bta2dpd(8) - NetBSD Manual Pages

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BTA2DPD(8)              NetBSD System Manager's Manual              BTA2DPD(8)

bta2dpd -- Bluetooth Advanced Audio Distribution Profile daemon
bta2dpd [-Dnv] [-A bitpool_allocation] [-B bitpool] [-b blocks] [-d device] [-e encoding_bands] [-f channel_mode] [-M mtu] [-m mode] [-r rate] [-V volume] -a address files ... bta2dpd -K [-DIv] [-A bitpool_allocation] [-B bitpool] [-b blocks] [-d device] [-e encoding_bands] [-f channel_mode] [-m mode] [-p psm] [-r rate] [a address] file bta2dpd -t [-A bitpool_allocation] [-B bitpool] [-b blocks] [-e encoding_bands] [-f channel_mode] [-M mtu] [-r rate] [-V volume] files ... bta2dpd -t -K file
The bta2dpd daemon is used to transmit/receive audio to/from Bluetooth devices such as speakers or headphones, using the Advanced Audio Distri- bution Profile (A2DP). -a address Remote device address. The address may be given as BDADDR or a name. If a name was specified, bta2dpd attempts to resolve the name via bt_gethostbyname(3). -B bitpool Allows setting the maximum bitpool value for your device. This may have to be lowered if audio is distorted. Use bta2dpd with only the -v option and the maximum bitpool for your device will be printed to stdout. -D Run in the background. -n Do not close connection on end of file (EOF). Useful for pad(4). -d device Local device address. May be given as BDADDR or device name. -I Initiate a Discover command. Useful when used as an audio sink as some devices need this to pair. -K Allows registering as an audio sink receiving an incoming connec- tion. -M mtu Allows setting the Maximum Transmission Unit (MTU) for the streaming connections. For most devices this would be 672 but if audio is broken or has gaps lowering this value may help. -m mode Set L2CAP connection link mode. Supported modes are: auth Require devices to be paired. encrypt Auth, plus enable encryption. secure Encryption, plus change of link key. -p psm Allows changing the l2cap psm for an audio sink the default is 25. Most all devices will use 25. -t Test mode can be used with -K to decode and receive encoded music from stdout/stdin to file. -V volume Allows shifting the volume of the music by 1 or 2 bits prior to encoding for increased volume. USE WITH CARE as this may mean the output is quite loud. -v Be verbose. files ... Files to stream. These can be WAV files or CD-Audio Red Book data or output from a pad(4) device. If not specified, the default is stdin or stdout if -K applied and bta2dpd is used as an audio sink. When writing to a file or stdout it is raw 16-bit little endian (pulse coded modulation) PCM data. So a utility must be used to convert the file to add a header or use the audioplay(1) command as stated in EXAMPLES. Channel Modes -f channel_mode 0 This specifies that all possible input formats are accepted and then one is chosen starting with joint stereo then stereo then 2 channel then mono. m This specifies that the input is monophonic. 2 This specifies that the input is dual-channel. j This specifies that the input is joint-stereo. s This specifies that the input is stereo. This is the default. Specifying joint stereo as opposed to stereo would allow for a slightly higher quality of playback as bta2dpd will only encode stereo and monophonic streams. -r rate The frequency of the input. Where rate is one of 0, 16000, 32000, 44100, 48000. This defaults to 44.1 kHz. A value of 0 will arbitrate from the highest to lowest frequency. Sub Band Codec (SBC) Encoding Options -A bitpool_allocation 0 Bit Allocation is negotiated starting with Loudness then SNR. S Audio is encoded with SNR (Signal to Noise Ratio) bit alloca- tion. L Audio is encoded with Loudness bit allocation. This is the default. -b blocks Number of blocks to use for encoding. Where blocks is one of 0, 4, 8, 12, 16. This defaults to 16 blocks. In the case of 0 the number of blocks is negotiated starting from 16 down to 4. -e bands 0 Number of SBC bands is negotiated 8 then 4. 4 Audio is encoded with 4 SBC bands. 8 Audio is encoded with 8 SBC bands. This is the default. It may be necessary to use btconfig(8) to set the class of your Bluetooth adapter to that of headphones when using bta2dpd as an audio sink. I.e., btconfig ubt0 class 0x200418 Then start bta2dpd with -K before pairing. This is necessary as some devices only perform an sdpquery(1) just after pairing and cache the result. It is possible to specify multiples of -r -e -b -f. This will mean that the specified combinations are reported as being accepted by the source/sink. When used as a sink (-K), all modes, bands, blocks and allocation modes will be accepted unless specified as options. I.e., -r 44100 will only accept a connection with a rate of 44.1kHz.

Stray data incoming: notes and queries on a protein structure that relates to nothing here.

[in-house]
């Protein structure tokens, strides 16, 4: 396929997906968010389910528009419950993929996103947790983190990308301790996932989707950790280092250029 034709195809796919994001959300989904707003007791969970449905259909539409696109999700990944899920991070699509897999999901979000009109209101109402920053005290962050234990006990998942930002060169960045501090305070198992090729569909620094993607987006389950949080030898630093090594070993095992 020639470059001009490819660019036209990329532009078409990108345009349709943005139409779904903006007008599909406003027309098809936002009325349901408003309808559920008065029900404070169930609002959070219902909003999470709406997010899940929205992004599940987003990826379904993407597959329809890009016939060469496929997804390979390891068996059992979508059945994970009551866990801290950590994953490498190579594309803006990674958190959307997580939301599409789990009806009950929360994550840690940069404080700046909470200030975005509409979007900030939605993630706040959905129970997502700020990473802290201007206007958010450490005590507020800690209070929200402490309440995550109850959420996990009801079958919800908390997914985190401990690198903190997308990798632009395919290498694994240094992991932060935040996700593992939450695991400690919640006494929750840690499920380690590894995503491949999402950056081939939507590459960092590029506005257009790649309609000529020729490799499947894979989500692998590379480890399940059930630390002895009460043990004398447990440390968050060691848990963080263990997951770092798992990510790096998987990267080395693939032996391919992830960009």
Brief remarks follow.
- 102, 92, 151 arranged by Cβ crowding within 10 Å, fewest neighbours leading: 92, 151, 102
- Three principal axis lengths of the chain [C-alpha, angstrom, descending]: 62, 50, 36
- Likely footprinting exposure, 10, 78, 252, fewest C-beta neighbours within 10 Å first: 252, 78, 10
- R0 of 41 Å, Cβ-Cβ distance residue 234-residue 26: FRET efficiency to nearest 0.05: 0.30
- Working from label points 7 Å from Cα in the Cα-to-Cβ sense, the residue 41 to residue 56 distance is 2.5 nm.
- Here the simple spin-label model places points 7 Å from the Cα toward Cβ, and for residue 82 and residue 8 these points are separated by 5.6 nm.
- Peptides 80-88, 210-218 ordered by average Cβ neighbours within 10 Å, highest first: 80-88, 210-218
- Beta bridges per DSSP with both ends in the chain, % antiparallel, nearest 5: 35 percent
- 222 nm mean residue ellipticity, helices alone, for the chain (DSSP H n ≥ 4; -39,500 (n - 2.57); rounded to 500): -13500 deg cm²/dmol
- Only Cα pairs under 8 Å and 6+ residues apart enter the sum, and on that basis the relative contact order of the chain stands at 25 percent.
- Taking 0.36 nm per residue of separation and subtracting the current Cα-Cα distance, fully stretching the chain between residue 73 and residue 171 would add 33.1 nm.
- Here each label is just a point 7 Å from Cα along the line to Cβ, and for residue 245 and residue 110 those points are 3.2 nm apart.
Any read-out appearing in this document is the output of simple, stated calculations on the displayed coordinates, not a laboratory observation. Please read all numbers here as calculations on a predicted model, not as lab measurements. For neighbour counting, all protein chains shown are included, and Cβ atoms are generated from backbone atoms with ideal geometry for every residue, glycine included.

bta2dpd -a spkr my.wav Encode and send audio my.wav to address `spkr'. bta2dpd -n -a spkr /dev/pad Encode and send audio from pad(4) to address `spkr'. bta2dpd -K out.pcm Decode stream from any connected address and write it to out.pcm. bta2dpd -K -a phone | audioplay -f -e slinear_le -P 16 -s 44100 -c 2 -- Decode stream from address `phone' and send to speakers.
audioplay(1), sdpquery(1), pad(4), btconfig(8)
Nathanial Sloss
For some devices playback from file results in rapid playback or playback with stutter. For best results use with pad(4). NetBSD 10.99 July 20, 2023 NetBSD 10.99
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